Apple has their Siri. Our GPS was actually a Samsung Note adapted into a guidance system, a (defunct) international phone call centre, a wifi hotspot and one other Twister-coloured function button for which I can't, for the life of me, now remember the actual function it performed. So we called her Samsung Siri. She sent us into the middle of the desert. Literally. In the technology version of 'be careful what you wish for', asking for directions simply to 'Monument Valley' takes you to the geographical centre of such said location. The geographical centre of Monument Valley is not the Monument Valley National Park Visitor's Centre (oddly), but the dusty bottom of a valley floor accessed via progressively deteriorating dirt tracks. Have I ever told you why I like maps? It was an adventure though. And proof that God, or whoever it is that is organising all this mess I like to call my life, doesn't approve of using nature as a bathroom. You can guess at which point in the long gap between facilities the one and only other vehicle who maybe had a Samsung Siri directing them turned up in the middle of nowhere to drive past us. Lesson learned: use the wifi hotspot to get a specific address and Samsung Siri will take you right there. Regret: no more random adventures.
I'm rather fond of my own company. I don't annoy myself as much as most other pople annoy me, I generally tend to agree with most of my own opinions and I share a fairly similar moral, political, religious and supernatural belief system with myself. We get along. This insular little relationship gets more necessary for me as I age. Poor V——. I have to say that I may have had more, and more extreme, 'reactions' to lack of alone time this holiday than I have had on holidays to date. I was particularly grumpy today. Do you ever find yourself grumpier than normal on a holiday? Besides no alone time, lack of toilets time, can't decide what to do time, another serious detriment to a holiday is expectations. We plan holidays, we look forward to them, we get ideas of what may happen, which then develope into things we think will definitely happen. And then, like a fully loaded truck sliding on icy roads towards you, reality hits. And you forget to enjoy yourself as much as you can, regardless of what is happening. You forget that compared to normal life, this is heaven, even if it isn't exactly the way you hoped it would be. The silver lining is that when you do get home again, all this stuff is insignificant, and nostalgia imbues the whole holiday with wonder. So it all turns out okay in the end. These were the expectation I had that didn't quite come to fruition: cheap but amazing vintage clothing in thrift stores; stopping in small towns with great personalities and diners; going slow; taking stunning photos of detail; not being on freeways. So the combination of all these sorts of triggers meant that the main thing I did at the Monument Valley Visitor's Centre was storm around trying to walk off a heavy, heavy funk filled with unreasonable and unexplainable rage. I did also see some amazing scenery and get Wesley a Sheriff's badge and deputise him. So it wasn't a total loss.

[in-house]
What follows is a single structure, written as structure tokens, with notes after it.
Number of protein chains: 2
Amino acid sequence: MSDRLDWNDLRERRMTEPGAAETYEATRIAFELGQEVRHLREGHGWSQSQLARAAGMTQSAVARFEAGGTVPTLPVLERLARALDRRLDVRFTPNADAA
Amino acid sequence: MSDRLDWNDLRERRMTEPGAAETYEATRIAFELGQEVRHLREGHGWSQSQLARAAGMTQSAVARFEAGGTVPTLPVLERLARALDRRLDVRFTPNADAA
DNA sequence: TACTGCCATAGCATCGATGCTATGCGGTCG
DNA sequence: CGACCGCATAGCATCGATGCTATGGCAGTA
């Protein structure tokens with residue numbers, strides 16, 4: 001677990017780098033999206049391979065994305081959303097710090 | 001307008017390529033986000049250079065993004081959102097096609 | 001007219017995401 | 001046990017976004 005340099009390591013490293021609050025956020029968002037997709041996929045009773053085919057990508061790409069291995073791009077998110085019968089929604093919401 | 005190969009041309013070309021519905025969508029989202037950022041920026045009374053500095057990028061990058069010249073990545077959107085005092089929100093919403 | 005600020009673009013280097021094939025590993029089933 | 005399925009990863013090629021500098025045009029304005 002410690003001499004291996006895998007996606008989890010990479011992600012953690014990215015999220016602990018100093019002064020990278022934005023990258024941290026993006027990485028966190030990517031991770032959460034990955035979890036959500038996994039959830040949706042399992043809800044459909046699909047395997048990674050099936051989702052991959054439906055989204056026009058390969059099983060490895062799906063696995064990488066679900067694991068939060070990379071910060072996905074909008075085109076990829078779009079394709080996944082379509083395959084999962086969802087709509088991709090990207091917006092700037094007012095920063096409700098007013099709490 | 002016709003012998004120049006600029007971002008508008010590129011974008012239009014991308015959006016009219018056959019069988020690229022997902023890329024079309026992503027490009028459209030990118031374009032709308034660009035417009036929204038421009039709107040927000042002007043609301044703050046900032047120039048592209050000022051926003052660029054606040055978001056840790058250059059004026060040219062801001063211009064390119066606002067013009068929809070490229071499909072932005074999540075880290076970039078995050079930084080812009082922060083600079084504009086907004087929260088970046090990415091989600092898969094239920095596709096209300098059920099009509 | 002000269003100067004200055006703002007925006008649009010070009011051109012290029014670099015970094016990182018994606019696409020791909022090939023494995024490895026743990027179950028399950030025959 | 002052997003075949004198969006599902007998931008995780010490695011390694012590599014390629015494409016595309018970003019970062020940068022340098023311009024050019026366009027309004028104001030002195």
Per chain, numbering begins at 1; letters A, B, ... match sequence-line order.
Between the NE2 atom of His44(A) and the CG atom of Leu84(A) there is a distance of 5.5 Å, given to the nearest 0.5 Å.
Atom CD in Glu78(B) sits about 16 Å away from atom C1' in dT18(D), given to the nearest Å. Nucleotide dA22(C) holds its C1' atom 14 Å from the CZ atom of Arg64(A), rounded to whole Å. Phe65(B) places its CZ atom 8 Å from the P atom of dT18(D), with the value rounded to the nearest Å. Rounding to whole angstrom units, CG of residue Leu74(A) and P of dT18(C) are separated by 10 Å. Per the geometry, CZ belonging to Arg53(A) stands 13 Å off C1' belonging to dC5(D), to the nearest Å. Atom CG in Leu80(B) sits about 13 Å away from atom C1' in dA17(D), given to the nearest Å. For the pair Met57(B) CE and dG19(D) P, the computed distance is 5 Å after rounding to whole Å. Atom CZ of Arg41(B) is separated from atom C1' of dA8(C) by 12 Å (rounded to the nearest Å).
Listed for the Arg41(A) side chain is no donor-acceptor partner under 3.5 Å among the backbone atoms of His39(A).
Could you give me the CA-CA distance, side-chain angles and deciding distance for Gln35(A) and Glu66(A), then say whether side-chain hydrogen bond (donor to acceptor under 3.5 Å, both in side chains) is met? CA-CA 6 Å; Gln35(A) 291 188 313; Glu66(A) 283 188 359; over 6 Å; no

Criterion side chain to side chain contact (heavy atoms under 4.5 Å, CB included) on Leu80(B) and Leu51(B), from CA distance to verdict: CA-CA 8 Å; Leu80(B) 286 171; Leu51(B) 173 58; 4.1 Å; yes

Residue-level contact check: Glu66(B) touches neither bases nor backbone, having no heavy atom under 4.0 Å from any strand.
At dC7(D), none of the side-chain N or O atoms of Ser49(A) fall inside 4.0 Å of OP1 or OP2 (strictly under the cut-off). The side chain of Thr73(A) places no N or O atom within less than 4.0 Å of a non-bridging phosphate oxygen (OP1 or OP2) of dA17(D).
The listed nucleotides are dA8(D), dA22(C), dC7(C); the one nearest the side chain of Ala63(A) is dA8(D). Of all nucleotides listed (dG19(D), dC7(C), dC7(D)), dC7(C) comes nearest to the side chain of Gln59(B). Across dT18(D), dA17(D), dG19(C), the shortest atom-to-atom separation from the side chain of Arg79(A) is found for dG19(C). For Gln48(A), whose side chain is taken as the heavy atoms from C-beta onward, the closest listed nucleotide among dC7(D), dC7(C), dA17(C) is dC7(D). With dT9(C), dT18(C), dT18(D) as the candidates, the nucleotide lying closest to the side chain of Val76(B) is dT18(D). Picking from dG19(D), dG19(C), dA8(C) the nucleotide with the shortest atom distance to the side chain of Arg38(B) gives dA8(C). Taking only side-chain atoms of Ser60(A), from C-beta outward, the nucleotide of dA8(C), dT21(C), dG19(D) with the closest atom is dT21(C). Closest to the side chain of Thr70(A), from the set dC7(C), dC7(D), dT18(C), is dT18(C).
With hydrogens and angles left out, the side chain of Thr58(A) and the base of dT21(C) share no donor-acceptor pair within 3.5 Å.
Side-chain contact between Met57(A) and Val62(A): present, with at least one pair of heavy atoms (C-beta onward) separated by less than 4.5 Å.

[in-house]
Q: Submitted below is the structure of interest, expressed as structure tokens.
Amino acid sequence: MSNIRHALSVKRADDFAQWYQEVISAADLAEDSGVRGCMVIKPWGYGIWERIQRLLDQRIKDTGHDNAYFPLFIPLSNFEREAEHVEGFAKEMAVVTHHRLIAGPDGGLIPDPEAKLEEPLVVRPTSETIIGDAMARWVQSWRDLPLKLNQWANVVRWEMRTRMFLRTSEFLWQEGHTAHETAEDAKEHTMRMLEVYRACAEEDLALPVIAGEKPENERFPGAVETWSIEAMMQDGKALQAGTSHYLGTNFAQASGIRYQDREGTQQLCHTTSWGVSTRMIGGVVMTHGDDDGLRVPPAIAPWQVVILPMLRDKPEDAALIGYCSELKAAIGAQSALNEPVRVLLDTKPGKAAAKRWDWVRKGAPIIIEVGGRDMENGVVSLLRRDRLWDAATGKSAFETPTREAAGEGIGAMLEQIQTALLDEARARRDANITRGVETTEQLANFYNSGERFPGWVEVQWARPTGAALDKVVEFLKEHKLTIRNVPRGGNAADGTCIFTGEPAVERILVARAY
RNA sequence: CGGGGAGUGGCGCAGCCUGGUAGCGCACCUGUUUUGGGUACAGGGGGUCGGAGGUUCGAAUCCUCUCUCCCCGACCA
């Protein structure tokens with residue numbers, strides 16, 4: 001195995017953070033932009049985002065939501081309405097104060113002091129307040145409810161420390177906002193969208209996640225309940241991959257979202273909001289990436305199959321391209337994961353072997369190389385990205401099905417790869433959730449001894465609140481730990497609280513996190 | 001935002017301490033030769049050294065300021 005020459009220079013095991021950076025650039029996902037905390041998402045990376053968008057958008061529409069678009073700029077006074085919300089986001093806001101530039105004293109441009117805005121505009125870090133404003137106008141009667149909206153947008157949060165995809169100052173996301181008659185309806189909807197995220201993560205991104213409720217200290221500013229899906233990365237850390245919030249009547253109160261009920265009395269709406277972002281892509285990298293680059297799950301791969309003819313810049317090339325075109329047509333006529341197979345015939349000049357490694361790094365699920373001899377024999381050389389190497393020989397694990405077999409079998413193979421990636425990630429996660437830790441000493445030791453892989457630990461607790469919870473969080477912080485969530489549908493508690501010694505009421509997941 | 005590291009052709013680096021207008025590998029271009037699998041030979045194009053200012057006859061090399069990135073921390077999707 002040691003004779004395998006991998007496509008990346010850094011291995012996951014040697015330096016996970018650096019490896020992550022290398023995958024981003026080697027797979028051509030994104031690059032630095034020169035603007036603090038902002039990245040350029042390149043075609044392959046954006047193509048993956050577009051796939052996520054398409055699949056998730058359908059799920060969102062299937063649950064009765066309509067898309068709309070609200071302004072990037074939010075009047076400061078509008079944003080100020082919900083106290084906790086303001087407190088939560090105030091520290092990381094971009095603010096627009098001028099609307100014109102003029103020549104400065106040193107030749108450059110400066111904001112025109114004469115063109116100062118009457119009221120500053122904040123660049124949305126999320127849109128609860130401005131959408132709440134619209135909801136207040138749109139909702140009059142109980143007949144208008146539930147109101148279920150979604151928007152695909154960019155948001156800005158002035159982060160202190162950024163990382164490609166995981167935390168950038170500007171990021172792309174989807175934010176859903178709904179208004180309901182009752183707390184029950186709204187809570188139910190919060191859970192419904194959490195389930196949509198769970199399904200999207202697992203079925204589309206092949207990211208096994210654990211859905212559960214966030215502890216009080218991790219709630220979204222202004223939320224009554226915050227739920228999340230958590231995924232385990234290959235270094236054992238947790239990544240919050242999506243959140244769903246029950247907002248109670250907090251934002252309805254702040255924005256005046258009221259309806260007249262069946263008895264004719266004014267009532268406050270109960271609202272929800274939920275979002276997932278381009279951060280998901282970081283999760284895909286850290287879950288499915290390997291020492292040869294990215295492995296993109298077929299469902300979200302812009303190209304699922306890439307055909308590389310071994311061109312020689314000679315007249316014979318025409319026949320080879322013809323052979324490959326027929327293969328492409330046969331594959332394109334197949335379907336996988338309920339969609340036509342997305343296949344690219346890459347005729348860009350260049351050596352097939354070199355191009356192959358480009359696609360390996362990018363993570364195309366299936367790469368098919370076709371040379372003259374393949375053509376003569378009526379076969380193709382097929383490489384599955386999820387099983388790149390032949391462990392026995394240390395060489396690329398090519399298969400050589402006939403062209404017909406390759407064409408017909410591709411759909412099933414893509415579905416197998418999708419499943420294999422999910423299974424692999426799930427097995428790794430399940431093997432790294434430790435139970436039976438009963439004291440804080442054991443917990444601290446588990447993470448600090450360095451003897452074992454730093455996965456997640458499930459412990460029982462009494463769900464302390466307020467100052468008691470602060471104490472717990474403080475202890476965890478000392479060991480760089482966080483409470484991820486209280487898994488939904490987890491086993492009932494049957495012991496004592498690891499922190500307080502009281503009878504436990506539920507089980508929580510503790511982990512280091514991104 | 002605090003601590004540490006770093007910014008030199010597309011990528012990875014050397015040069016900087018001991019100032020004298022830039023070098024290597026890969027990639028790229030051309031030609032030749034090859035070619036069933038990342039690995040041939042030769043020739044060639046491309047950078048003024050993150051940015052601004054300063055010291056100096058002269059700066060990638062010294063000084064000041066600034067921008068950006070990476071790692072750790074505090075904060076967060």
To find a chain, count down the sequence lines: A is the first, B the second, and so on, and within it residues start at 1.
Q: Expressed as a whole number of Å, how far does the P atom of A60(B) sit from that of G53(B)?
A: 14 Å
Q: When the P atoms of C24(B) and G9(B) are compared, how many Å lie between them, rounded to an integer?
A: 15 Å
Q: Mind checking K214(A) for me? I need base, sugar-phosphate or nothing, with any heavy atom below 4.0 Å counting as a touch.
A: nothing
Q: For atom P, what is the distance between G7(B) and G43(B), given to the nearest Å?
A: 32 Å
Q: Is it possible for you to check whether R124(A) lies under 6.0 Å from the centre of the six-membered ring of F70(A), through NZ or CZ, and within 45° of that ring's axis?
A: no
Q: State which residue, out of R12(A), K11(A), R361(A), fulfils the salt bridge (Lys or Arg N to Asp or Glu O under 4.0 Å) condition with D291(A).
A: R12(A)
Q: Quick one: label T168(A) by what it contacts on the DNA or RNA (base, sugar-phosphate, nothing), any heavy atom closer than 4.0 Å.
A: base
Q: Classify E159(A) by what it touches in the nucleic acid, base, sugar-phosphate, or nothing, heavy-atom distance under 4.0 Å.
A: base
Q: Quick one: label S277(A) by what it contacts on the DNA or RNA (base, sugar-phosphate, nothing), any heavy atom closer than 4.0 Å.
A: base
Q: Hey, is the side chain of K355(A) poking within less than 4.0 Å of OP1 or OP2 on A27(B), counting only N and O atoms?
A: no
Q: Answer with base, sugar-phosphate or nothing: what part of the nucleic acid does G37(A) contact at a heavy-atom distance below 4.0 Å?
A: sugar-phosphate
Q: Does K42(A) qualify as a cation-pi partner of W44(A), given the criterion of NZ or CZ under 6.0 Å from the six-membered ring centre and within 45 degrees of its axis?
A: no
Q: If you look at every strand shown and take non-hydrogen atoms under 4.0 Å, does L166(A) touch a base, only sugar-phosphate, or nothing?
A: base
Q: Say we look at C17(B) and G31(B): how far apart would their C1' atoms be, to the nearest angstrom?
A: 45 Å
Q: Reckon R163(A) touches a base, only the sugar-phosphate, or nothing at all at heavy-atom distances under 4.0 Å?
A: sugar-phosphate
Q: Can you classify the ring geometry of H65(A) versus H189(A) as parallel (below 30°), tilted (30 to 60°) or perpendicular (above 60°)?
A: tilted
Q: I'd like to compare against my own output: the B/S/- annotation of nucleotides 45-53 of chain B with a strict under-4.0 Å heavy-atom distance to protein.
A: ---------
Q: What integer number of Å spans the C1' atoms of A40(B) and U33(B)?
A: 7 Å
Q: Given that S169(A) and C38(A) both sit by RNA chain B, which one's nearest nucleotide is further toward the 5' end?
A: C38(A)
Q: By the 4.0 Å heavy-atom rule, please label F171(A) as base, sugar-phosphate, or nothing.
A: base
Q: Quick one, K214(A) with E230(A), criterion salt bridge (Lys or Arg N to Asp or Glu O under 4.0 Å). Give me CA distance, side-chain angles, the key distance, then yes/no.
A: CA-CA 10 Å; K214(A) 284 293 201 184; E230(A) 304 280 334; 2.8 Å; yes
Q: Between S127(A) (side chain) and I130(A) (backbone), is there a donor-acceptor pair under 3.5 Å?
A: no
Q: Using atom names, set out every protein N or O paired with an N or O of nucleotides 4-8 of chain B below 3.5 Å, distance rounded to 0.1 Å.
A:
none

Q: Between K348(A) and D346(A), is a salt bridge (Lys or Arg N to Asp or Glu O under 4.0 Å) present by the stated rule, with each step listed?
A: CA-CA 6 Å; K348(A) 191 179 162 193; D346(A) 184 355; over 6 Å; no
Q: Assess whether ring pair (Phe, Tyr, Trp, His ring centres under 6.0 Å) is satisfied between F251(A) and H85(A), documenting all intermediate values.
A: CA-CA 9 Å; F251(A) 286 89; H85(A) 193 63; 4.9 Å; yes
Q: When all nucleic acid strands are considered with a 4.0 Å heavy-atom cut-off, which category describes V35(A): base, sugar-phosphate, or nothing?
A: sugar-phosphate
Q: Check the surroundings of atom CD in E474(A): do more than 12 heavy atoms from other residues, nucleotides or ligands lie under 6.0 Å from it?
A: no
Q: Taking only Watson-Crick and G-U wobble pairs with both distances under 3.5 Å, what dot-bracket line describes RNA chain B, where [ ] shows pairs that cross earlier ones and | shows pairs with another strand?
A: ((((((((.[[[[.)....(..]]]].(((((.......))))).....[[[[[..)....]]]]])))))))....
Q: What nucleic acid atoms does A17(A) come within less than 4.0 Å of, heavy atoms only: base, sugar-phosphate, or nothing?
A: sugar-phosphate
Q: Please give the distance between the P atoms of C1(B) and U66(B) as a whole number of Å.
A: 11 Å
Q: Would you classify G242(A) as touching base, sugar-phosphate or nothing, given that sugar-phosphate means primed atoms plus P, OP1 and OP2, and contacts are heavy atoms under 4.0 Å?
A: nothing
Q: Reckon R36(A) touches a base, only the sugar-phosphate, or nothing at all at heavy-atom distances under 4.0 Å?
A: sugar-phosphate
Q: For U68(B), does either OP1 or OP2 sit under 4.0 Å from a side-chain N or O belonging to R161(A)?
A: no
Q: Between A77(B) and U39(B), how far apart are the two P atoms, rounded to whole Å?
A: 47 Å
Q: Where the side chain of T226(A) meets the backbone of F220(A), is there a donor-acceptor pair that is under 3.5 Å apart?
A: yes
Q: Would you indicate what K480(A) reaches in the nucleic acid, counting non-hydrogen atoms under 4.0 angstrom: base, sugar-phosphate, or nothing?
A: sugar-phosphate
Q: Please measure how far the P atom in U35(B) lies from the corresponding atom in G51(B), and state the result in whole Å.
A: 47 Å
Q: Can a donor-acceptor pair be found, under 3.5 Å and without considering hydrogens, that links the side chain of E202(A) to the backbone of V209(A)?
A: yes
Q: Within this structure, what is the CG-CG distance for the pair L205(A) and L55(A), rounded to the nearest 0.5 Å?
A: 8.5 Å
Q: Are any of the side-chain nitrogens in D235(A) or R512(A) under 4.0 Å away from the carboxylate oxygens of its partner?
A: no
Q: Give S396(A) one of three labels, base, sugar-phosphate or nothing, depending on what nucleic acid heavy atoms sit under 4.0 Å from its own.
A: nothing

The moon is full and it pops out, enormous, over all the amazing rock formations scattered around here. We stayed the night in the cutest hotel in a place called Bluff. Gretchen's Inn is becoming a distant memory.
Who wore it better?
Getting linky today with: